Secrets of Positional Play
By GM Mark Dvoretsky and GM Artur Yusupov
‘It became clear that there was the need to develop an approach to the position, which I call ‘prophylactic thinking’ - the habit of constantly asking yourself what the opponent wants to do, what he would play if it were him to move, the ability to find an answer to this question and to take account of it in the process of coming to a decision’.
This is volume 4 in the acclaimed ‘School of Future Champions’ series.
‘Prophylaxis’ is the main theme running through the book, but plenty of other positional motifs receive attention.
The material is split into five main parts.
Part 1: Methods of Improving Positional Play
Featuring three chapters by GM Dvoretsky and a shorter one by GM Dlugy.
The pick of the bunch is ‘Prophylactic Thinking’, particularly the annotated games by Karpov (against Timman) and Petrosian (against Gufeld). Those two masters of the prophylactic style played moves which can be very hard to predict. Try guessing what they will play while looking at their games; the ‘hit’ rate will be surprisingly low considering nothing much seems to be happening. Good annotations are essential to understand what is going beneath the surface.
Karpov’s own notes are used to augment the author’s and they shed a very revealing light on the art of preventing the opponent’s intentions.
‘Karpov’s next move is probably the best in the game. How did he find it? Obviously he asked himself what the opponent wanted. The answer is clear: to bring the Knight into play via c5. How can this be prevented?’
22 Qc2!! (22 …Nc5 would be met by 23 b4! as the pressure on c6 is set to be strong)
The author points out that White had the tactical option of 22 Nxc6!? Qxc6 23 e5, but he was completely unwilling to allow any activity for the Black pieces.
A few moves on, Karpov is at it again. 24 Qd3 is tempting, but he chose the subtle 24 Bf2!
‘Prior to his decisive offensive White places his pieces in the most harmonious way possible, and…once again reinforces his central outpost at e4!’
It’s these little moves that make all the difference. Having the presence of mind and patience to find them at the height of the battle is one of the big differences between those who can play like this and those who can’t. Karpov very rarely lost his patience.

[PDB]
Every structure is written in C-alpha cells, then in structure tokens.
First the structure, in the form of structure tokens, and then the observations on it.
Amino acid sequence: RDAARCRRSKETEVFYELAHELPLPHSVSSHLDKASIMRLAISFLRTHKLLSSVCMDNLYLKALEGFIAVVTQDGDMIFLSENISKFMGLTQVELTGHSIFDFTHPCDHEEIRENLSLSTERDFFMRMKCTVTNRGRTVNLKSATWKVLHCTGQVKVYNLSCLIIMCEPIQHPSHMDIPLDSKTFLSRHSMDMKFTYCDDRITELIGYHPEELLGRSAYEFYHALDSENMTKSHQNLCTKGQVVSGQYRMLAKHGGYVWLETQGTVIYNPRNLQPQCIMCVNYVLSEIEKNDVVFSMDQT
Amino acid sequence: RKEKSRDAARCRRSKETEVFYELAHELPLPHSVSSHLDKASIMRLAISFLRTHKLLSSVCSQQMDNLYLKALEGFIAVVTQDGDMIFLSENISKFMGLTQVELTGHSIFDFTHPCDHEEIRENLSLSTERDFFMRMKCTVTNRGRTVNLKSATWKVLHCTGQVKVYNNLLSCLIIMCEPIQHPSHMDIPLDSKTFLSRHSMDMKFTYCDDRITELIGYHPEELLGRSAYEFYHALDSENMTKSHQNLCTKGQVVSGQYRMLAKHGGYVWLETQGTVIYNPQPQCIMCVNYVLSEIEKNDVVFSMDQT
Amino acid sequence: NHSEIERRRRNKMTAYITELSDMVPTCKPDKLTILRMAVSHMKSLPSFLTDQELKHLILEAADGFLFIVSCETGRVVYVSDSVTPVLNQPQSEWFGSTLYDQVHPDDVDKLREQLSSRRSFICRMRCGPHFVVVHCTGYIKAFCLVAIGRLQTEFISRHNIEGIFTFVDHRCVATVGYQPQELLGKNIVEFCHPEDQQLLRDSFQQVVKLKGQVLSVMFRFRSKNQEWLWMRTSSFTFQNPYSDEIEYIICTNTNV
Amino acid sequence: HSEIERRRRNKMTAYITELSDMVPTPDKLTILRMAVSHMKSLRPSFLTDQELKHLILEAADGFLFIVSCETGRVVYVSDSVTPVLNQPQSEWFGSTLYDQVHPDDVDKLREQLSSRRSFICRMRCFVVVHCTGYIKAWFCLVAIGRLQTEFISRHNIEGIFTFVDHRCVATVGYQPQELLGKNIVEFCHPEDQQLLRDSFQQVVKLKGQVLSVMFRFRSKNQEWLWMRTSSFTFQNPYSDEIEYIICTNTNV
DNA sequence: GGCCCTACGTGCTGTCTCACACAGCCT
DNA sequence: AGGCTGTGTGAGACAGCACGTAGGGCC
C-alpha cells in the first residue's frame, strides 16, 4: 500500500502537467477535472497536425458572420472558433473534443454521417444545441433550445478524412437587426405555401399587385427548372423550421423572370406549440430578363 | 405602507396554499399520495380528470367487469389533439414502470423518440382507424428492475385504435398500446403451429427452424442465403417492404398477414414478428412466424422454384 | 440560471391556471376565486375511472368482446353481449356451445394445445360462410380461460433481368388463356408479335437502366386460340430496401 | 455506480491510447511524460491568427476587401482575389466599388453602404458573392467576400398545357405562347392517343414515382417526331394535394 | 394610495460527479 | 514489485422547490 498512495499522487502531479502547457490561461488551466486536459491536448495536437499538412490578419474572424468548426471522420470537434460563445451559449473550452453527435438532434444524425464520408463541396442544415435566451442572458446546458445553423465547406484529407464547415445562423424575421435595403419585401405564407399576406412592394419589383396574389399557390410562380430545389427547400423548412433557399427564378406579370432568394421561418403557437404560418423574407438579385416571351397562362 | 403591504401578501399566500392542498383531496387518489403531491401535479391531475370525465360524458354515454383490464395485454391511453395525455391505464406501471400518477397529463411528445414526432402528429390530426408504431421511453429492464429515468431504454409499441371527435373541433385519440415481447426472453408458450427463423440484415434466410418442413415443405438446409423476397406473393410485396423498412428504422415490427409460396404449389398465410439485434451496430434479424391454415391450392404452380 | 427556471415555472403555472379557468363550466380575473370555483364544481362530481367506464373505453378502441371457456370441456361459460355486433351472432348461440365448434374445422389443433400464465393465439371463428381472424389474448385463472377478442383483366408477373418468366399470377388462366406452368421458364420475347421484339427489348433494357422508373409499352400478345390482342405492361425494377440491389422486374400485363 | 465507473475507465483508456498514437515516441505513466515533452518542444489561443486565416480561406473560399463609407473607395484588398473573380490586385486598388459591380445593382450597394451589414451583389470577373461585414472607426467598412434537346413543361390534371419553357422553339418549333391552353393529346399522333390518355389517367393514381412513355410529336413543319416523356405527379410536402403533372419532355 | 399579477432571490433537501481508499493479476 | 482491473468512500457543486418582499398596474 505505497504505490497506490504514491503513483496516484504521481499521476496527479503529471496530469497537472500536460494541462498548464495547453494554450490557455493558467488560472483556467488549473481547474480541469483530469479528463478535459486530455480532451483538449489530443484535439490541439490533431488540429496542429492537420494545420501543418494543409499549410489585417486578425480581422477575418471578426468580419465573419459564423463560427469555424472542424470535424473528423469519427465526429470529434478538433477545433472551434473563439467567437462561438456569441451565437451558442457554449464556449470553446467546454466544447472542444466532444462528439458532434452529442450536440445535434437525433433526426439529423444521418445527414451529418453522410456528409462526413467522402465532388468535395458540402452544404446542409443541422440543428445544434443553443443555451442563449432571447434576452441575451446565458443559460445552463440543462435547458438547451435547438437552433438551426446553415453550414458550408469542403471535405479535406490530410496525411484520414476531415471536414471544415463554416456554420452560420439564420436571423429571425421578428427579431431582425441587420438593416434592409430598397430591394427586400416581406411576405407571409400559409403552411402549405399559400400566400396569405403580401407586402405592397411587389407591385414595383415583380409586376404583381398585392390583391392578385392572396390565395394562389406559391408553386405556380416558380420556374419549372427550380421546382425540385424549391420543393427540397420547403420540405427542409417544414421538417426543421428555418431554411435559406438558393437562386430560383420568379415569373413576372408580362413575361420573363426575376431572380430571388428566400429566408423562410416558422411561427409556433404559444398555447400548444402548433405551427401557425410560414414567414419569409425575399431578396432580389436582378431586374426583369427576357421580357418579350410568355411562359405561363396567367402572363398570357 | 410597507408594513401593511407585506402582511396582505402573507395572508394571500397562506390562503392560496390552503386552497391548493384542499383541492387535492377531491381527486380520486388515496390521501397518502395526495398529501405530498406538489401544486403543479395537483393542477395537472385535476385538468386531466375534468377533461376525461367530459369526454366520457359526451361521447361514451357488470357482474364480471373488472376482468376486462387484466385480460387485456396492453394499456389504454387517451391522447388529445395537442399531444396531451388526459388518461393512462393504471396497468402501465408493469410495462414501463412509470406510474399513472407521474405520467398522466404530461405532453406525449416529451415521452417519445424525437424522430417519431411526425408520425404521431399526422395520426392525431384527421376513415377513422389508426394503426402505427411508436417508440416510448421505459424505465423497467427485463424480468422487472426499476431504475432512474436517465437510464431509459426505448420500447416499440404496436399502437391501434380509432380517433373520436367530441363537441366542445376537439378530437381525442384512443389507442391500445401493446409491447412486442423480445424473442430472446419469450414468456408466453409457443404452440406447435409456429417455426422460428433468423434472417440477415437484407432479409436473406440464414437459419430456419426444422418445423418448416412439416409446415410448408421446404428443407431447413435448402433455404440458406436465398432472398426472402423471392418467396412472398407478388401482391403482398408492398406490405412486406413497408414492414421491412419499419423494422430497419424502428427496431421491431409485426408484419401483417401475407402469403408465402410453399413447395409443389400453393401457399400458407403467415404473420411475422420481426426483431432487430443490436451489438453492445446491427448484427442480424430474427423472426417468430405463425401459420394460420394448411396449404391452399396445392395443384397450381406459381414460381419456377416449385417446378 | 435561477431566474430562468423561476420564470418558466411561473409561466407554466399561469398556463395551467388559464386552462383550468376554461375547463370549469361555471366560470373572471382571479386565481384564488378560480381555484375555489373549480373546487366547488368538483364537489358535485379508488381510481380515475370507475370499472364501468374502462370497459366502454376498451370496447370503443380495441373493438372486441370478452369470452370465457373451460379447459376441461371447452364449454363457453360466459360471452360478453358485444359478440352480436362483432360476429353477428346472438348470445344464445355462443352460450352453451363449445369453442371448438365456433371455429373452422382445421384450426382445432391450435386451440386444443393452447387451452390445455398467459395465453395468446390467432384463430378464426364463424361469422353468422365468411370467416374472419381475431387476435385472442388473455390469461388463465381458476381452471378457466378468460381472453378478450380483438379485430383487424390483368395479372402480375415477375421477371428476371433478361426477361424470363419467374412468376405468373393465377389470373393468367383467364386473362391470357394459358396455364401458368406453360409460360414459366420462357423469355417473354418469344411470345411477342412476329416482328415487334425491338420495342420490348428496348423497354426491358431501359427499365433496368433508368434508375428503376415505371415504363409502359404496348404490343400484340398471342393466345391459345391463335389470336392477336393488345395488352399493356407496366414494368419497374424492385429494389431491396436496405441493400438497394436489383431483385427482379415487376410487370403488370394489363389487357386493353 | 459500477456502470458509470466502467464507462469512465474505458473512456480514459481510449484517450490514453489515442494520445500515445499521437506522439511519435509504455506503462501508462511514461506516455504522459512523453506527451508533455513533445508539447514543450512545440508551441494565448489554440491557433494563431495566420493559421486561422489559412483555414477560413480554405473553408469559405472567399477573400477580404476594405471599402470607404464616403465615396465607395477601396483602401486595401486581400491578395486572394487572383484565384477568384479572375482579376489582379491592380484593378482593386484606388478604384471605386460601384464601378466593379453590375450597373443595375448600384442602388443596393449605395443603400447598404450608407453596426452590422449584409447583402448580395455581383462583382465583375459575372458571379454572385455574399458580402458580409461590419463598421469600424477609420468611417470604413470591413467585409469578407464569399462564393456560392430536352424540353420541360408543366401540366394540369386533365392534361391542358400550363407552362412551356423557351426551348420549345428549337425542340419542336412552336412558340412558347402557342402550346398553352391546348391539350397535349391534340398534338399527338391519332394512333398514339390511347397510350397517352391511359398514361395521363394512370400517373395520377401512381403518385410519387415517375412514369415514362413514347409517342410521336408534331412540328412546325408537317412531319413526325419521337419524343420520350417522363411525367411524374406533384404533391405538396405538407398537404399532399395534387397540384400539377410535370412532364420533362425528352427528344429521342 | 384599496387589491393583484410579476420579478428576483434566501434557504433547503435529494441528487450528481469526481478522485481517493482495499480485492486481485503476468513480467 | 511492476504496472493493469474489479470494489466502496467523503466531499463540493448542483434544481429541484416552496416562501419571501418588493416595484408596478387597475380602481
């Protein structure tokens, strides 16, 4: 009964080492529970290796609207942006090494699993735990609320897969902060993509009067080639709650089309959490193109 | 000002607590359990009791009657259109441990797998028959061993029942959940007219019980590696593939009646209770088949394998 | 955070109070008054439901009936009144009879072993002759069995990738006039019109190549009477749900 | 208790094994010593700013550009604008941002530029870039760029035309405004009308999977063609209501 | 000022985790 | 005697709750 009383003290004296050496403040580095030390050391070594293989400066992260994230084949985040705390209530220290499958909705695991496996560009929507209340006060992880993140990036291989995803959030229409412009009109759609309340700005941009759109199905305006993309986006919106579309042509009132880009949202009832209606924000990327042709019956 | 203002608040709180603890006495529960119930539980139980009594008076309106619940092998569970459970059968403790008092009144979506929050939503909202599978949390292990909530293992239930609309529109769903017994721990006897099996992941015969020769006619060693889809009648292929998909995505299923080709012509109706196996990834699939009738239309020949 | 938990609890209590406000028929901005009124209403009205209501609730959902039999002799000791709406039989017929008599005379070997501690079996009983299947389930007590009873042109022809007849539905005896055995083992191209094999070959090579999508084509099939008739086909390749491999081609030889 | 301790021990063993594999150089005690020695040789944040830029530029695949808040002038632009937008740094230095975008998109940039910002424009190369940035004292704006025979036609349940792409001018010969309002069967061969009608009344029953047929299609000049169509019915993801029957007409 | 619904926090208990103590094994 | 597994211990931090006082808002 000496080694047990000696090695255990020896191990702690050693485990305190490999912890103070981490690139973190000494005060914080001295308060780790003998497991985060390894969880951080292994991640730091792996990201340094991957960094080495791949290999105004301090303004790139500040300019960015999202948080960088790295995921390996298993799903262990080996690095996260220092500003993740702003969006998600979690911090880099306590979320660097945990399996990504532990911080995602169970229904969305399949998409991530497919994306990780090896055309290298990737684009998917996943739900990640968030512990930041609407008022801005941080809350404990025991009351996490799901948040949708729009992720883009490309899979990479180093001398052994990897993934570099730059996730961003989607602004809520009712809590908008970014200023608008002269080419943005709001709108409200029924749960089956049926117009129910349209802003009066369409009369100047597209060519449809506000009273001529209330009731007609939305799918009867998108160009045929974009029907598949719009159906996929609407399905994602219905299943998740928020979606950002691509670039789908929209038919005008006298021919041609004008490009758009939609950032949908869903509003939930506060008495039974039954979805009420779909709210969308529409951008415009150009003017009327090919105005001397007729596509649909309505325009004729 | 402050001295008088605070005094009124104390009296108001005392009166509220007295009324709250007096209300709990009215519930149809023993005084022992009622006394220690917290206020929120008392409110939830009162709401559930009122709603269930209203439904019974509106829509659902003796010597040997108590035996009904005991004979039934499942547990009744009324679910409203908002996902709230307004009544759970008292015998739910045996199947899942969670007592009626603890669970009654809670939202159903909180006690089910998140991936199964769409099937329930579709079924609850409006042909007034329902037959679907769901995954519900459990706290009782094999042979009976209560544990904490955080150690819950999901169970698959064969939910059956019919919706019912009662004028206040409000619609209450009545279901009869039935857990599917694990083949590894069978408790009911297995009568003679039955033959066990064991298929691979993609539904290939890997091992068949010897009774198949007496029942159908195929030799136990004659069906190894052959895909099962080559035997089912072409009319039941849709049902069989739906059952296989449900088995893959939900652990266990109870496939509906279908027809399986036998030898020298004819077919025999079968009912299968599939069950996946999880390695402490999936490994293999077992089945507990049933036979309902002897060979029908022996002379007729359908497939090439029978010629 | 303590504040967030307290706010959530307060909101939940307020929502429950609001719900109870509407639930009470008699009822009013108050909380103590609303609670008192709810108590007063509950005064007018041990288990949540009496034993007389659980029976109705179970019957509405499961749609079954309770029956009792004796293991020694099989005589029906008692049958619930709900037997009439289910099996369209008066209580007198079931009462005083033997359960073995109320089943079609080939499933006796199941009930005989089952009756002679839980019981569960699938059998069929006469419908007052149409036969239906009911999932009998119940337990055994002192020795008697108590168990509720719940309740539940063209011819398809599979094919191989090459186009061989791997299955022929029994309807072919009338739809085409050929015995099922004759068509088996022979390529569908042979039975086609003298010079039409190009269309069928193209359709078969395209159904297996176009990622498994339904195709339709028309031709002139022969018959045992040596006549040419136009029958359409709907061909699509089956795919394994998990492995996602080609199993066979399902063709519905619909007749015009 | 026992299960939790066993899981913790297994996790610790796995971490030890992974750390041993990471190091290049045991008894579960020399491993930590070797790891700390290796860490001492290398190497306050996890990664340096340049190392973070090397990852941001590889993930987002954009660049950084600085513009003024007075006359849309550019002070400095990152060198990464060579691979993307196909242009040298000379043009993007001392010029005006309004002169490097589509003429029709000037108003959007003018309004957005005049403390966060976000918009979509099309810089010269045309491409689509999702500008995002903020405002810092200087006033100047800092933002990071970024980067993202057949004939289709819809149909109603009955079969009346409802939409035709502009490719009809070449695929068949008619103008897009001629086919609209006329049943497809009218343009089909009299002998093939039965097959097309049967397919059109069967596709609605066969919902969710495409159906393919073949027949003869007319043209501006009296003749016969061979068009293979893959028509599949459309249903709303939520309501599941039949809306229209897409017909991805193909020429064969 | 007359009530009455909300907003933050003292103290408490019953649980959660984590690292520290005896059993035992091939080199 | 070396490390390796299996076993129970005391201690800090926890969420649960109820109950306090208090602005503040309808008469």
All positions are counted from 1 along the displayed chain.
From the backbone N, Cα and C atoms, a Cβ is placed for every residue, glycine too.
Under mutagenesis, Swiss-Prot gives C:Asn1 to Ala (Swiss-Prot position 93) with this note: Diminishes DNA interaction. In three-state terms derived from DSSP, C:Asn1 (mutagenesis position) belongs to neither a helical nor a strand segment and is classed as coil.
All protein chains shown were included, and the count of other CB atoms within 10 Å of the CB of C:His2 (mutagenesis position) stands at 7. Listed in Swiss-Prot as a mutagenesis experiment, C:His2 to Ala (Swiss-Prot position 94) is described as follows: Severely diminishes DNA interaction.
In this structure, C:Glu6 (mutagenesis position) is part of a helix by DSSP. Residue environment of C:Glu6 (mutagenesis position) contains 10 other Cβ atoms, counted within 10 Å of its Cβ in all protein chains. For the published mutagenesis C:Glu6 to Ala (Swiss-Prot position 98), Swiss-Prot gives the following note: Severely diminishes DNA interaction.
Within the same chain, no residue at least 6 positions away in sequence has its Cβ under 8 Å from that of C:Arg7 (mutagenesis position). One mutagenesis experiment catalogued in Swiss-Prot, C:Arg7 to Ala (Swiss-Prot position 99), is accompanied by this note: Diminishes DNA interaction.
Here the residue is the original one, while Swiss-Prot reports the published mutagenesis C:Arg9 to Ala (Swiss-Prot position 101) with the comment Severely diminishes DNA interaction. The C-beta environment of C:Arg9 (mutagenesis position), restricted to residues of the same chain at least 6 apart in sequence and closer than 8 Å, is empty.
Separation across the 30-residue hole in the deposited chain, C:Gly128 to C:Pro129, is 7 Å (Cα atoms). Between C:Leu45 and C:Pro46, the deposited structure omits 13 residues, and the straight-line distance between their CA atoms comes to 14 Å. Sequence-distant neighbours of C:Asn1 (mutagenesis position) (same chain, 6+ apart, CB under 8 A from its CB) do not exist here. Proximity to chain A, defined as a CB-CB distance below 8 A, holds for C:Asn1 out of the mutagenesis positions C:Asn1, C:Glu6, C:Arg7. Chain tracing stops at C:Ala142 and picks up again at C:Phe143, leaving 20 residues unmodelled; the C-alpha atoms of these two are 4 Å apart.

29 Be3! …and Black never did get even a glimmer of activity 1-0 (38)
Part II: Ways of Looking for Positional Solutions
There are two sections by Alexey Kosikov, one by GM Dvoretsky and one by GM Yusupov.
Part III: Typical Positions
This part contains two sections by GM Dvoretsky and one by the duo of Igor Khenkin and Vladimir Kramnik (on the Stonewall Variation of the Dutch Defence).
GM Dvoretsky’s section on ‘Opposite-Colour Bishops in the Middlegame’ is one of the most instructive in the book, showing how to use them alongside the initiative.
Karpov - Kasparov
Game 4, World Championship Match 1985
Game 4, World Championship Match 1985
This looks like a balanced position, with Black doing well on the Queenside. GM Dvoretsky shows how Karpov methodically engineered decisive action on the virtually uncontested White squares.
38 Bb1! ‘The triumph of White’s strategy - the queen inevitably reaches the b1 - h7 diagonal.’
The final position demonstrates the culmination of White’s strategy - and Black’s nightmare. The opposite coloured Bishops have not proved equal after all; Black’s is worse than a pawn and White’s is spearheading a decisive attack.
Careful study of the examples and annotations will give he reader an important addition to their middlegame armoury, especially as a lot of club and tournament will persist in thinking that opposite coloured Bishops are ‘always drawish’.
Part IV: Complicated Strategy in Practice
One chapter each for GM Dvoretsky and GM Yusupov; one by GM Bareev.
Part V: From Games by Pupils of the School
With annotations by GM Yusupov.
I always find the ‘Games by Pupils’ chapters of this series to be essentially filler material. The games are usually replete with mistakes and blunders. The main interest lies in spotting which of the young pupils made it through to be strong Grandmasters between then and now.
There are a few exercises for the reader to solve at the end of some of the chapters. The standard is high; it is not easy to find the right paths.
Here’s a randomly selected sample:
It’s Black to move. The only clue given is: ‘What does my opponent want, and what would he play if it were him to move?’
I’m not sure there has been any significant - if any - updating of the material since the earlier Batsford edition. (Kasparov is still ‘the World Champion’, Kramnik a guest writer.) If you already have that one on your library then you might think twice before ordering this one. However, those new to this volume will find much to enjoy. There’s an impressive amount of prose to compliment the (often lengthy) lines of analysis.
The layout is typical for Olms books; everything is presented very tidily with good spacing and very clear fonts.
Of course, it is great to see such a high quality chess book enjoying a new and attractive edition, but there is a strong desire to see some completely original chess writing by GM Dvoretsky.
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